No matter how handy graphical user interfaces are, the good old command line remains a useful tool for performing various low-level data manipulation and system administration tasks. It is the fallback when you need to do something that has no way of graphical control. Being much more expressive and open-ended than a predefined set of controls, the command shell is the ultimate control environment for your computer.
Data science has become one of the most intensely practised computer applications, so it is no wonder that it also benefits greatly from the hands-on control approach of the command line shell. Data scientist Jeroen Janssens has had the foresight to combine the fundamental operations of data science and the most suitable command line tools into a book that collects many useful practices, tips and tricks for processing and preparing data, called Data Science at the Command Line (O’Reilly, 2014).
At its highest abstraction levels, data science involves using models and machine learning to extract patterns from data and extrapolate results from data sets that are often much larger than fits in memory at any one time. At a lower level, it involves multiple file formats and just plain hard work to get the data in a fit shape to be analysed, and this is where the command line comes in.
There is only so much you can do with canned tools like text editors, but a world of possibilities opens for you when you have the power can chain simple commands together, forming pipelines of data where one command’s output becomes another one’s input. You can also redirect input from a file to a command, and from a command to a file.
Even though Linux and macOS installations have various command shells, apart from the defaults, Janssens shows you how to use a set of tools called the Data Science Toolbox, which actually uses VirtualBox or Vagrant to plant a self contained GNU/Linux environment with Python, R and various other tools of the trade on your local machine, without disturbing the host operating system too much.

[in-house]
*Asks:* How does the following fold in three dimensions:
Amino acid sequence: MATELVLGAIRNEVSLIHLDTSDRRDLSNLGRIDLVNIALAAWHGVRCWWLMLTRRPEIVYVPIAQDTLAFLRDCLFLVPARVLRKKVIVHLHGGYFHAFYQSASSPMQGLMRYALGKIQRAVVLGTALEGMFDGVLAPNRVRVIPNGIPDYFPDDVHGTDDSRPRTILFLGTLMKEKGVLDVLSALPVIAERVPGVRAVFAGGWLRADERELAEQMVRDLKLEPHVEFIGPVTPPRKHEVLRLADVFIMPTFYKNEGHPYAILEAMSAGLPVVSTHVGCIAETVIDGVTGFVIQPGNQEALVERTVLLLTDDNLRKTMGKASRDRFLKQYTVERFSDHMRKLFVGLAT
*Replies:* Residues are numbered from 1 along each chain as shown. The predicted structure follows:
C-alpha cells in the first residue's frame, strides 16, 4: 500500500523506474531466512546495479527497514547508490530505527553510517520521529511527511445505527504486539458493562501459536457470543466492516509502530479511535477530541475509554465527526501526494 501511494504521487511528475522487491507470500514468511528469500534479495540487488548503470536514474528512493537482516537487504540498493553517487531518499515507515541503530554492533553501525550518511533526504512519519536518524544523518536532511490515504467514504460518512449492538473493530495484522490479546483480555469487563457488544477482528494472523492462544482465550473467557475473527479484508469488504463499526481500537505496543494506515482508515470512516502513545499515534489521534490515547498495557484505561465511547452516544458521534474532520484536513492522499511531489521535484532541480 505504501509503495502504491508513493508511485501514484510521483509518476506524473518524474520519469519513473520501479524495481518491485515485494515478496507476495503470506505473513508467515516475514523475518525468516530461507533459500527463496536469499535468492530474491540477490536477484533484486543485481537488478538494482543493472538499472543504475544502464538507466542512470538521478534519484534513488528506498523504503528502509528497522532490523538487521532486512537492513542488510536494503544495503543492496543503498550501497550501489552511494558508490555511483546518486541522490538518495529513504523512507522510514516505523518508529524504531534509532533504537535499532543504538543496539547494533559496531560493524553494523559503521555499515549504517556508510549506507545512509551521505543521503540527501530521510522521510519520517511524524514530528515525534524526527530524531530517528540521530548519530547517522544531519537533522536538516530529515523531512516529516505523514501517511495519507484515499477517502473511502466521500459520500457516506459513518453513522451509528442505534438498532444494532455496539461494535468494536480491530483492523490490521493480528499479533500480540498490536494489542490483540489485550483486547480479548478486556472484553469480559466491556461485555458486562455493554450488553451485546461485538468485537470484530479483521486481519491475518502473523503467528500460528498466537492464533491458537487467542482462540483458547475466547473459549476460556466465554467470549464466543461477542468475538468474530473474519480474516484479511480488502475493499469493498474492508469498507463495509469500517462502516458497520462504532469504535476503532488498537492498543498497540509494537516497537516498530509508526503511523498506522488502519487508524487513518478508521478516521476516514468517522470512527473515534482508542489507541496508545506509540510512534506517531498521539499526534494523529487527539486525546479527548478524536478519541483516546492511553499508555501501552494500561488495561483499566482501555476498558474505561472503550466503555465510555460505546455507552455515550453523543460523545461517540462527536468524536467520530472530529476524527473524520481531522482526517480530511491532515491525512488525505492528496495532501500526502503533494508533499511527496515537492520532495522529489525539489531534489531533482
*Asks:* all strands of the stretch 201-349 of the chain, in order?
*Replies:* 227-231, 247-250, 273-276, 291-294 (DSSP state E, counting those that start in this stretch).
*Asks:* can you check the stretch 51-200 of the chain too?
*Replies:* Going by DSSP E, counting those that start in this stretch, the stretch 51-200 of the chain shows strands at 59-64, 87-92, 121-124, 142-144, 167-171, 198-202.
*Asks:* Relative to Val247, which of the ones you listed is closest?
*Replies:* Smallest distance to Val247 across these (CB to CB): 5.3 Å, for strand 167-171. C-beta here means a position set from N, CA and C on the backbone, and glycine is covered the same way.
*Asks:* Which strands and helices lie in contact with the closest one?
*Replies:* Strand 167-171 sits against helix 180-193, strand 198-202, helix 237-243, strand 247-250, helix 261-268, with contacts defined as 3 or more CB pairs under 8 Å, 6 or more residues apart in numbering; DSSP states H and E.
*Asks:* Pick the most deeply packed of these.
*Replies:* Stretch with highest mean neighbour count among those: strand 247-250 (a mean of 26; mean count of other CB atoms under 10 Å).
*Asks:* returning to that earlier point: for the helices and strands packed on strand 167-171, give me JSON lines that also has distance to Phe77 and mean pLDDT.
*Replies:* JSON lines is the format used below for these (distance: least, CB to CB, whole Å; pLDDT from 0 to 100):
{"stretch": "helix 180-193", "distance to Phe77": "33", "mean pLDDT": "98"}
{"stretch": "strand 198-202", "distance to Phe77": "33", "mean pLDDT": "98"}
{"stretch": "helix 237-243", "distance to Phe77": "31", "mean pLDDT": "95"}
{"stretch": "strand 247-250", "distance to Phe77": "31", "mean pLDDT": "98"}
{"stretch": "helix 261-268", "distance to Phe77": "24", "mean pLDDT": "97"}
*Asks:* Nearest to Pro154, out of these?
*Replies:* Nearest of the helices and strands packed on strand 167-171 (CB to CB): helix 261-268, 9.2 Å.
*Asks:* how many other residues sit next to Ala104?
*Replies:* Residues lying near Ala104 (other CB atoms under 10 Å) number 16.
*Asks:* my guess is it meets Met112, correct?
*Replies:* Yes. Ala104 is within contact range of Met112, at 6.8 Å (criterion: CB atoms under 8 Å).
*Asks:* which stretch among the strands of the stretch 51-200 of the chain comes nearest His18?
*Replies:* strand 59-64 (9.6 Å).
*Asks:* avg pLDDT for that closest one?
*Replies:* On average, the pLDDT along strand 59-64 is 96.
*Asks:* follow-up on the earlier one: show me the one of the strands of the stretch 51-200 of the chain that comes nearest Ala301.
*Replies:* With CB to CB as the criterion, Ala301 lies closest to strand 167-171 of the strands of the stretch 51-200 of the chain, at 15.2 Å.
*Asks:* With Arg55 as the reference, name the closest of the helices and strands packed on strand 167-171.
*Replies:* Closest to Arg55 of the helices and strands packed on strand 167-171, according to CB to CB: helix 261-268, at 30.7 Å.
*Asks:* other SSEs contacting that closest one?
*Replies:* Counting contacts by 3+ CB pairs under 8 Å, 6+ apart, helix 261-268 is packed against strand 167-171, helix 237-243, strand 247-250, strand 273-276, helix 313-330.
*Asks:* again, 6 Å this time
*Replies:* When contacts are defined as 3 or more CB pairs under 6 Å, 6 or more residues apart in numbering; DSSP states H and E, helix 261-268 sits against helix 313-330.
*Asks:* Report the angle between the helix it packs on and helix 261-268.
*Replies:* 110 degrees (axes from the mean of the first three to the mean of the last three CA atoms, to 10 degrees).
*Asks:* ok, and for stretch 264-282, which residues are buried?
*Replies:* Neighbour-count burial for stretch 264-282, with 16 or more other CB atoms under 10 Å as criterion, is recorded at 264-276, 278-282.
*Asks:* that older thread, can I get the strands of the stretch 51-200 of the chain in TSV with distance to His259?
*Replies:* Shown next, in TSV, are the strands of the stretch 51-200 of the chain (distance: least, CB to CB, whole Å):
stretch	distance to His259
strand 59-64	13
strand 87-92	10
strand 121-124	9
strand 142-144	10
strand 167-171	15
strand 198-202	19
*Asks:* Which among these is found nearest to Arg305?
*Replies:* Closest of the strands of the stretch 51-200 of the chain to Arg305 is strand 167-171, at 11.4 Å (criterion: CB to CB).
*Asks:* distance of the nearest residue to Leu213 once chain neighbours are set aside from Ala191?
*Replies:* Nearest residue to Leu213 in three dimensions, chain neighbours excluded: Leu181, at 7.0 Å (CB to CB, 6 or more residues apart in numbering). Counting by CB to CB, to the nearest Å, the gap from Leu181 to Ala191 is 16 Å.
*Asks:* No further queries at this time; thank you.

With real-life examples, Janssens shows you how to use classic Linux command line tools like cut, grep, tr, uniq and sort to your advantage. You will also learn how to get data from the Internet, from databases and even Microsoft Excel spreadsheets, where most of the world’s operational data lies hidden from plain sight.
From this book I learned completely new and interesting ways to work with CSV (Comma Separated Value) files, and it introduced me to the excellent csvkit, with its collection of power tools to cut, merge and reorder columns in CSV files, perform SQL-style queries on the lines, and grep through them.
Among other things you get information on Drake, described as
“make for data” – which, if you’re familiar with the classic software development tool
make (and of
course you are) should whet your appetite. There is also a chapter about how to make your data pipelines run
faster by parallelising them and running commands on remote machines.
Scrubbing the data is less than half the fun, but usually more than half of the work in data science. You will learn to write executable scripts in Python and R with their comprehensive data science and statistics libraries, and learn to explore your data using visualisations that consist of statistical diagrams like bar charts and box plots. So the command line is not just text; even though the images are generated using commands, they are obviously shown in a GUI window.
Finally, there is a chapter on modelling data using both supervised and unsupervised learning methods, which serves as a cursory introduction to machine learning, although you are referred to more comprehensive texts on the algorithms involved.
At the back of the book there is a handy reference for all the commands discussed in the book, which include many of the old UNIX stalwarts found in Linux, but also newer tools like jq for processing JSON.
If you need to do data preparation for a data science project, you owe it to yourself to become good friends with the command line, and utilise the many tools described in Janssens’ book in your daily work. Even if you don’t “automate all the things“, you will benefit from the pipeline approach to data processing.
The book also has a website, datascienceatthecommandline.com, where you can preview some of its content.
For the history and philosophy of the command line, you should read Neal Stephenson’s In the Beginning Was the Command Line.